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Gentle Giant - Free Hand CD (album) cover


Gentle Giant


Eclectic Prog

4.28 | 1356 ratings

From, the ultimate progressive rock music website

5 stars IMHO, the absolute peak of Gentle Giant, along with The Power and the Glory.

This album is very special. For myself and (i assume) most others the whole appeal of Gentle Giant lies in their sheer complexity of their music. This obviously has its drawbacks...sometimes their music is just so dense and thick that it can takes countless listens to absorb. Not so with this masterpiece.

On this album, like the last one, our favourite Gentle-men do the unthinkable. They cram all the complexity they are known for into all these tracks, and somehow make each one of them completely catchy! These tracks get stuck in my head, i mean they REALLY swing! With so many instruments and parts being played at once, I don't how they do it! Moreover, I feel like none of these tracks overstay their welcome (which I thought was a bit of an issue on In A Glass House).

The first track, JUST THE SAME, gets things going in splendid fashion. The rythmic clicking which opens the album gives way to a delicious piano riff, then the guitar comes in over that, and before long, the drums and vocals slam their way in. This is a brilliant way to start the album. By presenting the multiple pieces one at a time, GG allows the listener to get a grasp of what they're doing, and the complexity isn't overwhelming. It sounds almost accessible! The track has a most glorious bridge ("I'm just DOING what i want to DO....") with sounds so unique it couldn't be any other band. There is a tremendous keyboard solo through the middle, and by the time the crunchy guitar riff comes back in (along with clapping!) at around 4 minutes in, you'll be hooked. Just try not to sing along as Derek's vocal line comes back in!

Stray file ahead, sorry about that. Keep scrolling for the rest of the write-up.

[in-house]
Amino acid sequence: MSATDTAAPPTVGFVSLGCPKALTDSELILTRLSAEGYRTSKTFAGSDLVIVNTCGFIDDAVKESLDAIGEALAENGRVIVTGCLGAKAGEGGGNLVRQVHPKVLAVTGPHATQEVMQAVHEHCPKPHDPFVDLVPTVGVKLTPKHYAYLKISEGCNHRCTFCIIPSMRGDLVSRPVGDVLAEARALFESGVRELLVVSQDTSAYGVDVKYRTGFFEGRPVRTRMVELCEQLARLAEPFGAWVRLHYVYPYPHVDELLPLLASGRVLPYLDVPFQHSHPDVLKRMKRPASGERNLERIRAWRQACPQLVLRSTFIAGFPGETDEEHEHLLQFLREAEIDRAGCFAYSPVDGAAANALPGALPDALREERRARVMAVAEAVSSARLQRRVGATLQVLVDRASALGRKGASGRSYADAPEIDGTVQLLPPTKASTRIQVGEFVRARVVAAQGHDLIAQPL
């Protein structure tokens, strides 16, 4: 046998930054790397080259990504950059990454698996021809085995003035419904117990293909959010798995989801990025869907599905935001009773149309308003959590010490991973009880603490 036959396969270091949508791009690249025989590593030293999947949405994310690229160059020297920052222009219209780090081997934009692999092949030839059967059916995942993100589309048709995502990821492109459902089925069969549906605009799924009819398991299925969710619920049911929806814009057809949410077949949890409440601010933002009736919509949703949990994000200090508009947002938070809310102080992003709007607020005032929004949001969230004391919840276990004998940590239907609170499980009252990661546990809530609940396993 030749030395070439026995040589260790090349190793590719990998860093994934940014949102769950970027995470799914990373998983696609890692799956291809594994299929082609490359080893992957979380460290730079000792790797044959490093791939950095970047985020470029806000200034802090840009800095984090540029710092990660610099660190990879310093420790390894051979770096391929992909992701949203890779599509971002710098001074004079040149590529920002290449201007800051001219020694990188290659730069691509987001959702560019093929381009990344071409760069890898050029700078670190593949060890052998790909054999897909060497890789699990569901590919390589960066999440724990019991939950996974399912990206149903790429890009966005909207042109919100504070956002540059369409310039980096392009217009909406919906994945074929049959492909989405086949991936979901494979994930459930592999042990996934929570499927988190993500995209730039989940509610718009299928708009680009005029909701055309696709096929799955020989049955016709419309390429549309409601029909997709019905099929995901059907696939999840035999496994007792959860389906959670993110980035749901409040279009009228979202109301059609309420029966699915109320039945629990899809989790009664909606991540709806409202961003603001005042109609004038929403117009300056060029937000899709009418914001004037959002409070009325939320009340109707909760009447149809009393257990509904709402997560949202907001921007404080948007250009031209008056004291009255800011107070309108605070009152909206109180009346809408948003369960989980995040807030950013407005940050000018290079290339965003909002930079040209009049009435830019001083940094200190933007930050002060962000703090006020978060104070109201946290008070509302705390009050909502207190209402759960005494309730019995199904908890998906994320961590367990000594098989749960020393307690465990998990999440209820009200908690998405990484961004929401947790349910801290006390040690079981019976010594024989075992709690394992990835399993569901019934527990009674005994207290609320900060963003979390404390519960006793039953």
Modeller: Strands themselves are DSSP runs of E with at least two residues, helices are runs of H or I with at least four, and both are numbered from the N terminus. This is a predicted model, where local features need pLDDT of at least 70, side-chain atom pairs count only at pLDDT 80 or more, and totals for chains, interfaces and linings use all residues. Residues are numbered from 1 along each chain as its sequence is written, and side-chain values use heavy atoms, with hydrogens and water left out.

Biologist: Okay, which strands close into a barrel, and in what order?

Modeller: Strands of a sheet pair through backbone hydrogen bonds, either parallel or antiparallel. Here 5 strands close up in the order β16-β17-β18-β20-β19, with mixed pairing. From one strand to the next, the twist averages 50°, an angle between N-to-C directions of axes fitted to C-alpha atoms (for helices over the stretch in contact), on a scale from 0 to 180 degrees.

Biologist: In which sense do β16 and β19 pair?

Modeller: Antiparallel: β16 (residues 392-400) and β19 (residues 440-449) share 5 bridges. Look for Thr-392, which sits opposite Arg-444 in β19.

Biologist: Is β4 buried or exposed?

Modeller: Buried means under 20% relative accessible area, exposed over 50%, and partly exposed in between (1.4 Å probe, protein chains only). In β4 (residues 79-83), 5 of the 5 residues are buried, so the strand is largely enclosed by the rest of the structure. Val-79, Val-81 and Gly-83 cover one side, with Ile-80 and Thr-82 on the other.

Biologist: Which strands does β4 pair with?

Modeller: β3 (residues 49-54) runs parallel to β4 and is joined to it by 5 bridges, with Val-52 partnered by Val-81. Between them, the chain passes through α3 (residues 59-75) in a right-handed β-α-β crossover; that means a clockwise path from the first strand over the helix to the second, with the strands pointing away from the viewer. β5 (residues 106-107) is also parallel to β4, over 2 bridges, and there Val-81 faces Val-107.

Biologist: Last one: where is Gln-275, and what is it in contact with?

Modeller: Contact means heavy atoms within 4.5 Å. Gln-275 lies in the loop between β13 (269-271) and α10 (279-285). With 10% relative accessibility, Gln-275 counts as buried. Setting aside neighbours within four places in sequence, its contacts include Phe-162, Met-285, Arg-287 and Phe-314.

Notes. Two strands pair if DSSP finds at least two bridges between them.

Track number 2, ON REFLECTION, is one of their famous "vocal workouts". This is the sort of thing you would find in "Knots" from Octopus or "Design" from In'terview. This is my favourite amongst these GG vocal-based tracks. The complexity of their counterpoint here will blow your mind. And...believe it or not, it is once again catchy as hell! I get this one stuck in my head all the time ("still you stay, tied in your way, changing times...waaaatching signs!"). There is an absolutely beautiful vocal melody (just derek) through the middle of the track. Just when you think the track will be too long, it changes up completely in the last minute. Guitar and keyboards assault from nowhere, and once Weathers starts hitting his drum kit, you know this is an awesome way to end a song.

Onwards to the title track, FREE HAND. One of my favourite GG tracks ever. To me, this honestly as catchy as any hit single, but all the complexity is still there! The piano and guitar which open the track create a haunting but beautiful effect (to use an old cliche). Derek's vocals, as on the whole album, really rock here. Very solid, very clear, they make the riffs seems simpler than they are by providing a lynch pin for your mind to follow. The piano refrain which usually follows the main section is very unusual but will grow on you. The middle section begins as a more developed version of the first few bars of the track, which then develops into something new entirely.